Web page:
Man trying to walk through the fenced border between Mexico and the United States.
  A man from Mexico crosses the wall border between Mexico and Unites States at the beach of Tijuana, Mexico. Photo credit: Reuters/Carlos Barria on CNBC's website

Hardline immigration policies will be the top driver of human rights risks in 2017: Report

Article on CNBC News
9 March, 2017

“Hardening immigration policy in the U.S. will increase the risk of modern slavery and labor abuses against undocumented workers, creating human rights risks for businesses in 2017, warns a new report from global risk analysts Verisk Maplecroft.

Undocumented migrant workers may become more vulnerable to human rights abuses as tougher U.S. immigration policies may push them under the radar, warns the Human Rights Outlook 2017 report.

There are around 8 million undocumented migrant workers in the U.S., according to the report. Stricter deportation policies may push them further underground, while a Mexico border wall may cause human traffickers to increase their fees.”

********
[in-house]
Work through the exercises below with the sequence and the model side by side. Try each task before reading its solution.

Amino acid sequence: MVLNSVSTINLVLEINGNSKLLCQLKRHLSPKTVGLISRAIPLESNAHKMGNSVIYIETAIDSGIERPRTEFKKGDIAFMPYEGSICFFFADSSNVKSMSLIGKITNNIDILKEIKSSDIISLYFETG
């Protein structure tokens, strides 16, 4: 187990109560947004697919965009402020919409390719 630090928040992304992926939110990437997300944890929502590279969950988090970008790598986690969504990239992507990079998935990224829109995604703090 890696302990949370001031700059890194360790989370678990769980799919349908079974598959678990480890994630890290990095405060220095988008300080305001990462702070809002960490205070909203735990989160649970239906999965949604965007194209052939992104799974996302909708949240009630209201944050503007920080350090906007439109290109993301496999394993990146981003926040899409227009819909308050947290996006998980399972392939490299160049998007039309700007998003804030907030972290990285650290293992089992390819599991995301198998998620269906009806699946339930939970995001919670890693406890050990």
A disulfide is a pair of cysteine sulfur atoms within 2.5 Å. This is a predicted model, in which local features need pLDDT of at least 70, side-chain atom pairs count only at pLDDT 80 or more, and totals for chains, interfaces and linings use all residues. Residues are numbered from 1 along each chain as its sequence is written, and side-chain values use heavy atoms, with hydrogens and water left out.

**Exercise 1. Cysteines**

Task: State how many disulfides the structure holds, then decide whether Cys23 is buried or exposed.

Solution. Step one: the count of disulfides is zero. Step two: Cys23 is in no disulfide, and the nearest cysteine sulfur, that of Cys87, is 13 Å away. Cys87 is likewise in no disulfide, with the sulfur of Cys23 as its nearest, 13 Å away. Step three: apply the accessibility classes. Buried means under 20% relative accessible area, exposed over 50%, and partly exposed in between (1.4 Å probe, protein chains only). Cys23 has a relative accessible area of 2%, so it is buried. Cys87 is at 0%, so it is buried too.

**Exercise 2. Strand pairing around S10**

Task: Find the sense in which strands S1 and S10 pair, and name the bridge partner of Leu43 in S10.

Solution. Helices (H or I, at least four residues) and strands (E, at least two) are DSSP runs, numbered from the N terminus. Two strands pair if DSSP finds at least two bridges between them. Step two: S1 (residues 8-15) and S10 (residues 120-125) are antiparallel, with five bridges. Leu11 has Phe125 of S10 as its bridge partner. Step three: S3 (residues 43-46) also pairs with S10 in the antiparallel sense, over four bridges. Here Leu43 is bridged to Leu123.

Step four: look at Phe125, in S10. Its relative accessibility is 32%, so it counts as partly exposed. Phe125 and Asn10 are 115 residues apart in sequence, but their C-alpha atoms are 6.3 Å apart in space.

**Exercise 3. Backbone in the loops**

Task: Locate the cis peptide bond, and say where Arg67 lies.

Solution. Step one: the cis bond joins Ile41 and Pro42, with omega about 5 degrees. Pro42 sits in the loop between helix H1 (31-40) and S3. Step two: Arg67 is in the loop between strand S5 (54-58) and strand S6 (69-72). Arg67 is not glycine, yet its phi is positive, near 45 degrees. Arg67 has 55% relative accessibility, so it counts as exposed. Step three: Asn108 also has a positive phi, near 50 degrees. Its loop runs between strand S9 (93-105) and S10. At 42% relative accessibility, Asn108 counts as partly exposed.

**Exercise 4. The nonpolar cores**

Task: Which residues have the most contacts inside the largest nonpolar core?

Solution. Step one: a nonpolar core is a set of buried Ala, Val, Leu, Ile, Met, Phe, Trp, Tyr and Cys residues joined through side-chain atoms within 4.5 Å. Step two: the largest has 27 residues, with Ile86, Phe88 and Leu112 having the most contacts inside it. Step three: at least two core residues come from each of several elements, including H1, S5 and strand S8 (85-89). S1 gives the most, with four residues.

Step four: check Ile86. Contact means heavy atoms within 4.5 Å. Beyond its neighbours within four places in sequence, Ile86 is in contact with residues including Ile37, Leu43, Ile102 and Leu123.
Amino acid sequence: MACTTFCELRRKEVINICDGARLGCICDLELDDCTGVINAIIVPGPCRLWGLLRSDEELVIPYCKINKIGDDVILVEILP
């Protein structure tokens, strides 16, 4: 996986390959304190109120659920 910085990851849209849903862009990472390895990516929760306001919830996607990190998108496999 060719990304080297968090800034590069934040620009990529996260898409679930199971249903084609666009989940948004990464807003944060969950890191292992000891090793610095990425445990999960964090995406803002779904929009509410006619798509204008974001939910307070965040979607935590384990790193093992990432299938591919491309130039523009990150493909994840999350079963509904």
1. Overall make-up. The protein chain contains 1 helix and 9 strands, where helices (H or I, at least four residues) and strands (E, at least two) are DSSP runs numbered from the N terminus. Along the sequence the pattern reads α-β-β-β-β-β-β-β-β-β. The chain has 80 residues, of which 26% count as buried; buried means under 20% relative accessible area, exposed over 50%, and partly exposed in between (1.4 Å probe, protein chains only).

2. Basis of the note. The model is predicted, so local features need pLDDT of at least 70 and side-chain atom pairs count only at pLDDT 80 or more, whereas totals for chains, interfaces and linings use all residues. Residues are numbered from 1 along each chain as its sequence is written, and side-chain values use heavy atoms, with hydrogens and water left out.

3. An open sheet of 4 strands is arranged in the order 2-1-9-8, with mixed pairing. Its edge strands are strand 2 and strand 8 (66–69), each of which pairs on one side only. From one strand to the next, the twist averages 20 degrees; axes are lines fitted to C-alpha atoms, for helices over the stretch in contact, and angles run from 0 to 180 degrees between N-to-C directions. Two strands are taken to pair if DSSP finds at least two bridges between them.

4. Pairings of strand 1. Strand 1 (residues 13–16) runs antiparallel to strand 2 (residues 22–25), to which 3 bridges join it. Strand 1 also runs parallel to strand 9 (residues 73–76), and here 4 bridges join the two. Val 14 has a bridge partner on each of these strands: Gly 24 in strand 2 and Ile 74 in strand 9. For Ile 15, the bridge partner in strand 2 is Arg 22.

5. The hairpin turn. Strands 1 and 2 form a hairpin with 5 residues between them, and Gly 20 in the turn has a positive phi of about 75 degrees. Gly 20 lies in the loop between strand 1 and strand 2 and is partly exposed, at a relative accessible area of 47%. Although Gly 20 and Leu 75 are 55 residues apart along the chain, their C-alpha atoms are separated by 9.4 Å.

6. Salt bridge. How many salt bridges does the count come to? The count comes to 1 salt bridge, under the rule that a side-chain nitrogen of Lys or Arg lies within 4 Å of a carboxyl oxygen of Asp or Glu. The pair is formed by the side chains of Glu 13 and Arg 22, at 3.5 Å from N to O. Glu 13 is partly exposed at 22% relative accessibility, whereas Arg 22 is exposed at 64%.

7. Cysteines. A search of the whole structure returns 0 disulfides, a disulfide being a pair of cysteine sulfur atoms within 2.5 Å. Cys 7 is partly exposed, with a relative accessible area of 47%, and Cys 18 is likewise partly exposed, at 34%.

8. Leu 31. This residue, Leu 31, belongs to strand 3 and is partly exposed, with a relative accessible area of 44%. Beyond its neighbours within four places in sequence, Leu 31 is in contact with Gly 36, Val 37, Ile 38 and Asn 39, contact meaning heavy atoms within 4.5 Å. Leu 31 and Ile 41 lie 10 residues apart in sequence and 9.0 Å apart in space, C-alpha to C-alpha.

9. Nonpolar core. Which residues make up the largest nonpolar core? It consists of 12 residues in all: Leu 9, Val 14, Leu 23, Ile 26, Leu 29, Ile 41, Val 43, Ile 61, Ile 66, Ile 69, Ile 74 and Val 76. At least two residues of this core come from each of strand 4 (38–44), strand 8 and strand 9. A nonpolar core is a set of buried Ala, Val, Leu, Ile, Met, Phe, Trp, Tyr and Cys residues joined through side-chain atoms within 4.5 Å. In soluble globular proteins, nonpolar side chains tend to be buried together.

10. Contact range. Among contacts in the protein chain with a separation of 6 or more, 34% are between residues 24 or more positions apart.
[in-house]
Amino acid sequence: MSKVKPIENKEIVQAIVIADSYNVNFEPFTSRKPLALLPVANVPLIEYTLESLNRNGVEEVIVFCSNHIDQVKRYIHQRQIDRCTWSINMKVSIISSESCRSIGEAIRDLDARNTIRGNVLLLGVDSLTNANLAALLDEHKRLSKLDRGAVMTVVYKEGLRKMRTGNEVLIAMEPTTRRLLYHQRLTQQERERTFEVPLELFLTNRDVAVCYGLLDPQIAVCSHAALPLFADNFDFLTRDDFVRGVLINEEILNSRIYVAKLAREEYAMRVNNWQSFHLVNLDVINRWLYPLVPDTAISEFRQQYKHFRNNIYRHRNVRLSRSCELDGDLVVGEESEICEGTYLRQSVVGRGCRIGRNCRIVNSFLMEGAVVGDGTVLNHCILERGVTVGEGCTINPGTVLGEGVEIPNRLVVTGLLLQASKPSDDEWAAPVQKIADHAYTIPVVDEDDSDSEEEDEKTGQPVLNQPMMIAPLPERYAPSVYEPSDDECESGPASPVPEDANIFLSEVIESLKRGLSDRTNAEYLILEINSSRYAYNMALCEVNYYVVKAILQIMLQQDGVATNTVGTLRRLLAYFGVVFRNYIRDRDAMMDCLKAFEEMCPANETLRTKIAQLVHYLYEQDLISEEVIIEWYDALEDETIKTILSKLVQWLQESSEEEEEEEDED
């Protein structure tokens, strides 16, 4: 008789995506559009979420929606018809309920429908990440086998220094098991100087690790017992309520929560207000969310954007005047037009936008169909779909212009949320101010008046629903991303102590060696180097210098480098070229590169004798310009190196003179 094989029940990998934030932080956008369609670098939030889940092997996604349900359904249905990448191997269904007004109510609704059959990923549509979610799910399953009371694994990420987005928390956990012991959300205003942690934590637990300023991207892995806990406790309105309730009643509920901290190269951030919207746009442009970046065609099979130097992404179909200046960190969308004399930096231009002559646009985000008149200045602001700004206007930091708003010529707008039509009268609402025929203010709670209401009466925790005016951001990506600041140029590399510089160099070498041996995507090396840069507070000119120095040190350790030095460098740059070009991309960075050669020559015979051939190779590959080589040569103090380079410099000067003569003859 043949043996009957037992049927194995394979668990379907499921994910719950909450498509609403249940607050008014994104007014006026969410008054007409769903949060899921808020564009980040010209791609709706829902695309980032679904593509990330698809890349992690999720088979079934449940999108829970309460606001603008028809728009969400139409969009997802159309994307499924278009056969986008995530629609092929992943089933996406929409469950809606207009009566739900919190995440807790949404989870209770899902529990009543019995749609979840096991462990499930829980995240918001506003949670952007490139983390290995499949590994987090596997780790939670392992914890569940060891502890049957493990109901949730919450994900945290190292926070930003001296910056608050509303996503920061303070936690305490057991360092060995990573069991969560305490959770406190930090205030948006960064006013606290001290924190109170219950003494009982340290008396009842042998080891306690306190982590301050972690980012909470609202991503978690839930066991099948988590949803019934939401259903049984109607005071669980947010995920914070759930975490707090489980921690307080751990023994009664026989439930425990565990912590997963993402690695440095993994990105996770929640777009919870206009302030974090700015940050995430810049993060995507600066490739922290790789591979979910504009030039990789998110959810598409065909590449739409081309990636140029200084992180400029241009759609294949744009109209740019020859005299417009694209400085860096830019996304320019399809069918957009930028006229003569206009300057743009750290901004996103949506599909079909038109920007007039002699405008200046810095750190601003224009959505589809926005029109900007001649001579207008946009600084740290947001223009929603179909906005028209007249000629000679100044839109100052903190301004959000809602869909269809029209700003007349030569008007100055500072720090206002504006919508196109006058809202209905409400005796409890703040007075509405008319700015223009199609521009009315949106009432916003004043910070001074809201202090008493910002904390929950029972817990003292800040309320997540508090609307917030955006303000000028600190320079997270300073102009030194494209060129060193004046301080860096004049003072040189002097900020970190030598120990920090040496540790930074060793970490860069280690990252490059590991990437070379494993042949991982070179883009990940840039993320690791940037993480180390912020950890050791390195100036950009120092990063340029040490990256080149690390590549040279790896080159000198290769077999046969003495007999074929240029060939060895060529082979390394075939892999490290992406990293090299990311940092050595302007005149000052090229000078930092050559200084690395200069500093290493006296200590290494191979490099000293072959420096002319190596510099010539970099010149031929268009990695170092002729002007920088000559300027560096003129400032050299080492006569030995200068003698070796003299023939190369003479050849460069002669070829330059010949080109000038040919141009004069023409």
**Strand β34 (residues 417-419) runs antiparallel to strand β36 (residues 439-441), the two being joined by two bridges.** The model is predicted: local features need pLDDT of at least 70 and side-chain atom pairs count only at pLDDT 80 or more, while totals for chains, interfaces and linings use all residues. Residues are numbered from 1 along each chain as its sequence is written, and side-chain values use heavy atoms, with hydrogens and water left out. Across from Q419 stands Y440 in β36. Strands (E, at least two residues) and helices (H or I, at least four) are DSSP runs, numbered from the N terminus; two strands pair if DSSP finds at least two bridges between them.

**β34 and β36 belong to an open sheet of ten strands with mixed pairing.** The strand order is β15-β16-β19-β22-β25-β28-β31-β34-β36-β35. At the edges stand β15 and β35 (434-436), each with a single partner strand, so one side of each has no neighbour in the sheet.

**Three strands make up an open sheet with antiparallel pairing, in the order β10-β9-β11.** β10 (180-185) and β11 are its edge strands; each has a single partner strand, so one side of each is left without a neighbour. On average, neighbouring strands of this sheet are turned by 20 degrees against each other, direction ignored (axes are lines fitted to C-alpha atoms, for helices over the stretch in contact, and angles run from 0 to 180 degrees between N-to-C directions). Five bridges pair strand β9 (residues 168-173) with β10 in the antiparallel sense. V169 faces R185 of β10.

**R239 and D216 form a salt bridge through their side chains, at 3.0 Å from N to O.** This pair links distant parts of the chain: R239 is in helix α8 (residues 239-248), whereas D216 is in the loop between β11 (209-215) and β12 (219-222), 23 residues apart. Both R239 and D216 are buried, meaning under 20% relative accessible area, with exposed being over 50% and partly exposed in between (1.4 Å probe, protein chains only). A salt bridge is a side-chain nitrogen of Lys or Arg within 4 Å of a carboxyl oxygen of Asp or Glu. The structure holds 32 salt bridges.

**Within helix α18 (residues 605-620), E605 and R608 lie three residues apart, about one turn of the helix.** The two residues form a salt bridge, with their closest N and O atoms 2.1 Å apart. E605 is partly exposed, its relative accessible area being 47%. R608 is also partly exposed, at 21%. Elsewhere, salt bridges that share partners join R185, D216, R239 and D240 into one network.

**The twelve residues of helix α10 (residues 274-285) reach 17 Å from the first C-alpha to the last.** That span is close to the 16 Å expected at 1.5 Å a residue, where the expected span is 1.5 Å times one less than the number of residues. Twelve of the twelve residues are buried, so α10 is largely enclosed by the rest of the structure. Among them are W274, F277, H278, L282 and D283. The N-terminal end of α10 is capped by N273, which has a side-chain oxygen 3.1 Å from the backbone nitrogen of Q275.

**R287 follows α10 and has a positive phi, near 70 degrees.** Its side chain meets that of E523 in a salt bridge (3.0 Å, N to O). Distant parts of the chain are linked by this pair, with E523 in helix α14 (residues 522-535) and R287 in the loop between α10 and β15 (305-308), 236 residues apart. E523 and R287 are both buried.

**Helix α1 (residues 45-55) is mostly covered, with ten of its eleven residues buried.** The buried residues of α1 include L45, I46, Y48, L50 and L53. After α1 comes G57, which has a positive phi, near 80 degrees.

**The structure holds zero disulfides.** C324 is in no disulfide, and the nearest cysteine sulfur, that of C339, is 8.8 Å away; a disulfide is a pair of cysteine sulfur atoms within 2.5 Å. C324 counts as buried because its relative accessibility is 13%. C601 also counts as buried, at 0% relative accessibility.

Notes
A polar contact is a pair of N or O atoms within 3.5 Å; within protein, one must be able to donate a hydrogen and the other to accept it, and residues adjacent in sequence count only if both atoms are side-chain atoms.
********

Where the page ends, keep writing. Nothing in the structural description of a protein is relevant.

This report rightly suggests that “mandatory human rights due diligence checks on their supply chain” would help businesses avoid being responsible for labour exploitation, labour trafficking or even modern slavery. This comforts the idea that governments should also be subjected to the rule: mandatory ex ante and ex post human rights impact assessment, by credible independent auditing firms, of all government policies, including social policies and migration policies, would go a long towards protecting the most vulnerable in our societies, whatever their status. We already often do such impact assessments on environmental issues and sometimes on gender mainstreaming: why not do it systematically for the human rights of all?

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